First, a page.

Controlled exposure to particulate matter from urban street air is associated with decreased vasodilation and heart rate variability in overweight and older adults
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- Controlled exposure to particulate matter from urban street air is associated with decreased vasodilation and heart rate variability in overweight and older adults
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BACKGROUND: Exposure to particulate matter (PM) is generally associated with elevated risk of cardiovascular morbidity and mortality. Elderly and obese subjects may be particularly susceptible, although short-term effects are poorly described.
METHODS: Sixty healthy subjects (25 males, 35 females, age 55 to 83 years, body mass index > 25 kg/m(2)) were included in a cross-over study with 5 hours of exposure to particle- or sham-filtered air from a busy street using an exposure-chamber. The sham- versus particle-filtered air had average particle number concentrations of ~23.000 versus ~1800/cm(3) and PM2.5 levels of 24 versus 3μg/m(3), respectively. The PM contained similar fractions of elemental and black carbon (~20-25%) in both exposure scenarios. Reactive hyperemia and nitroglycerin-induced vasodilation in finger arteries and heart rate variability (HRV) measured within 1 h after exposure were primary outcomes. Potential explanatory mechanistic variables included markers of oxidative stress (ascorbate/dehydroascorbate, nitric oxide-production cofactor tetrahydrobiopterin and its oxidation product dihydrobiopterin) and inflammation markers (C-reactive protein and leukocyte differential counts).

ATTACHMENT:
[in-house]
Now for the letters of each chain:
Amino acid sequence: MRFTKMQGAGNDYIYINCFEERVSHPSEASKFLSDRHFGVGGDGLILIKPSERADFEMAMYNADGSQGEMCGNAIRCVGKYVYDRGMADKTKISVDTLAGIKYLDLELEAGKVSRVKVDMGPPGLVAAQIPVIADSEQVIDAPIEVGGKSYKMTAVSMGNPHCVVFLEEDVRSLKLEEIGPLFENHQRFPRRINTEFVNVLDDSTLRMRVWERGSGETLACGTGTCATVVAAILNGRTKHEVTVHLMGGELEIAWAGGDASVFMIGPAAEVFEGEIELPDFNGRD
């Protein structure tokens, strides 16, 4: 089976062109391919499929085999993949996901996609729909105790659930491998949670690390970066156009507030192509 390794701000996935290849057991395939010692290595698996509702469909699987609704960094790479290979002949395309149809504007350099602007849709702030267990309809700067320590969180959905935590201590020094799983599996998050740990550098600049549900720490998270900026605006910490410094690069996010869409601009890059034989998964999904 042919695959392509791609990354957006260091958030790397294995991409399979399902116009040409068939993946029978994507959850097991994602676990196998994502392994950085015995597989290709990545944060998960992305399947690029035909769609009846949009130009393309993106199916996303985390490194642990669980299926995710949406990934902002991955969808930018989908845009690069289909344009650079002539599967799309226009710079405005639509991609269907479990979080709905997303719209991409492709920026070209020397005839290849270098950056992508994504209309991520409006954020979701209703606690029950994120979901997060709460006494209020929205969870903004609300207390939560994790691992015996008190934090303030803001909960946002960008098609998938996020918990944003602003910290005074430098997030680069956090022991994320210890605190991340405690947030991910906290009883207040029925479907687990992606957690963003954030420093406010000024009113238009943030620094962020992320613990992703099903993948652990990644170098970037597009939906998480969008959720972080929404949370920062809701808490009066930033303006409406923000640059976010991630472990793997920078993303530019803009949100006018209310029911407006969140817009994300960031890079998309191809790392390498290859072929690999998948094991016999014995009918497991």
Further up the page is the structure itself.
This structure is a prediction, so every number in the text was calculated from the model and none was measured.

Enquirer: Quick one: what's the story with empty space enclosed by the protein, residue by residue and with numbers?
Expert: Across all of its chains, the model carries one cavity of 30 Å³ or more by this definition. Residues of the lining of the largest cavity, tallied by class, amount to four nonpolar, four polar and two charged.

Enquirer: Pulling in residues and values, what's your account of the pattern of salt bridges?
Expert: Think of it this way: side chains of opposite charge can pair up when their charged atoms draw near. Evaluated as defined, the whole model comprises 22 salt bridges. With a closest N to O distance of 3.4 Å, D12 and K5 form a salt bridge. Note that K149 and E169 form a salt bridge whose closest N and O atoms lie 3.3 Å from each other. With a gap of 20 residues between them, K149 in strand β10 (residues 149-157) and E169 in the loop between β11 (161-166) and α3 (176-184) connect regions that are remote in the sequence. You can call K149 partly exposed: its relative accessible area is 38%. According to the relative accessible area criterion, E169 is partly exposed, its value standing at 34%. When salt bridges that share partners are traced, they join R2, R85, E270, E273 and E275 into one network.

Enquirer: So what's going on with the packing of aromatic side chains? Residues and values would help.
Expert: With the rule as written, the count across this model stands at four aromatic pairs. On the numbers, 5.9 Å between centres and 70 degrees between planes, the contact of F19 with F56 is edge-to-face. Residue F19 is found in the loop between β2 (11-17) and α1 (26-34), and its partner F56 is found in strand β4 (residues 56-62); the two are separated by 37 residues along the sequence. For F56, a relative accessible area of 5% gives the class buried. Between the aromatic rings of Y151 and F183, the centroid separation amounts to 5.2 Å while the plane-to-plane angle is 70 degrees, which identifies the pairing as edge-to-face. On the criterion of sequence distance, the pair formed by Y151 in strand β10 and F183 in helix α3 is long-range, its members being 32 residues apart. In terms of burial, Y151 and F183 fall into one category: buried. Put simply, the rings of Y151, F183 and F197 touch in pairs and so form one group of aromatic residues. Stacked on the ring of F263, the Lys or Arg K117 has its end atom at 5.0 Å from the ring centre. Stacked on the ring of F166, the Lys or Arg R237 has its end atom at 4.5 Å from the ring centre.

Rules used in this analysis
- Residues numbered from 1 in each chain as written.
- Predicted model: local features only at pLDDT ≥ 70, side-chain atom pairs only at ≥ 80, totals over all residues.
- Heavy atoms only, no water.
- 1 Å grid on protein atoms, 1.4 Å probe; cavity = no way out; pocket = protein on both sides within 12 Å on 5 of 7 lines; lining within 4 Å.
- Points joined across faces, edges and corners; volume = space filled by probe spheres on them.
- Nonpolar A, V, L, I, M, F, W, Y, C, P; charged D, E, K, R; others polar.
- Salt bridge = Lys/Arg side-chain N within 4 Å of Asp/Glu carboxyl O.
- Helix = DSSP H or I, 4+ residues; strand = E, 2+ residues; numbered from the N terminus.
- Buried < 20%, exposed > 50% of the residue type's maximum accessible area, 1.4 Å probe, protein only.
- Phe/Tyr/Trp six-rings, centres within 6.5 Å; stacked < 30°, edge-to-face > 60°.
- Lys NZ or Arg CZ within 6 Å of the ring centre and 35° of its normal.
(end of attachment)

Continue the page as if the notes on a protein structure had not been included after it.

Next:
RESULTS: Nitroglycerin-induced vasodilation was reduced by 12% [95% confidence interval: -22%; -1.0%] following PM exposure, whereas hyperemia-induced vasodilation was reduced by 5% [95% confidence interval: -11.6%; 1.6%]. Moreover, HRV measurements showed that the high and low frequency domains were significantly decreased and increased, respectively. Redox and inflammatory status did not change significantly based on the above measures.
CONCLUSIONS: This study indicates that exposure to real-life levels of PM from urban street air impairs the vasomotor function and HRV in overweight middle-aged and elderly adults, although this could not be explained by changes in inflammation, oxidative stress or nitric oxide-cofactors.
|Tidsskrift||Particle and Fibre Toxicology|
|Status||Udgivet - 2015|
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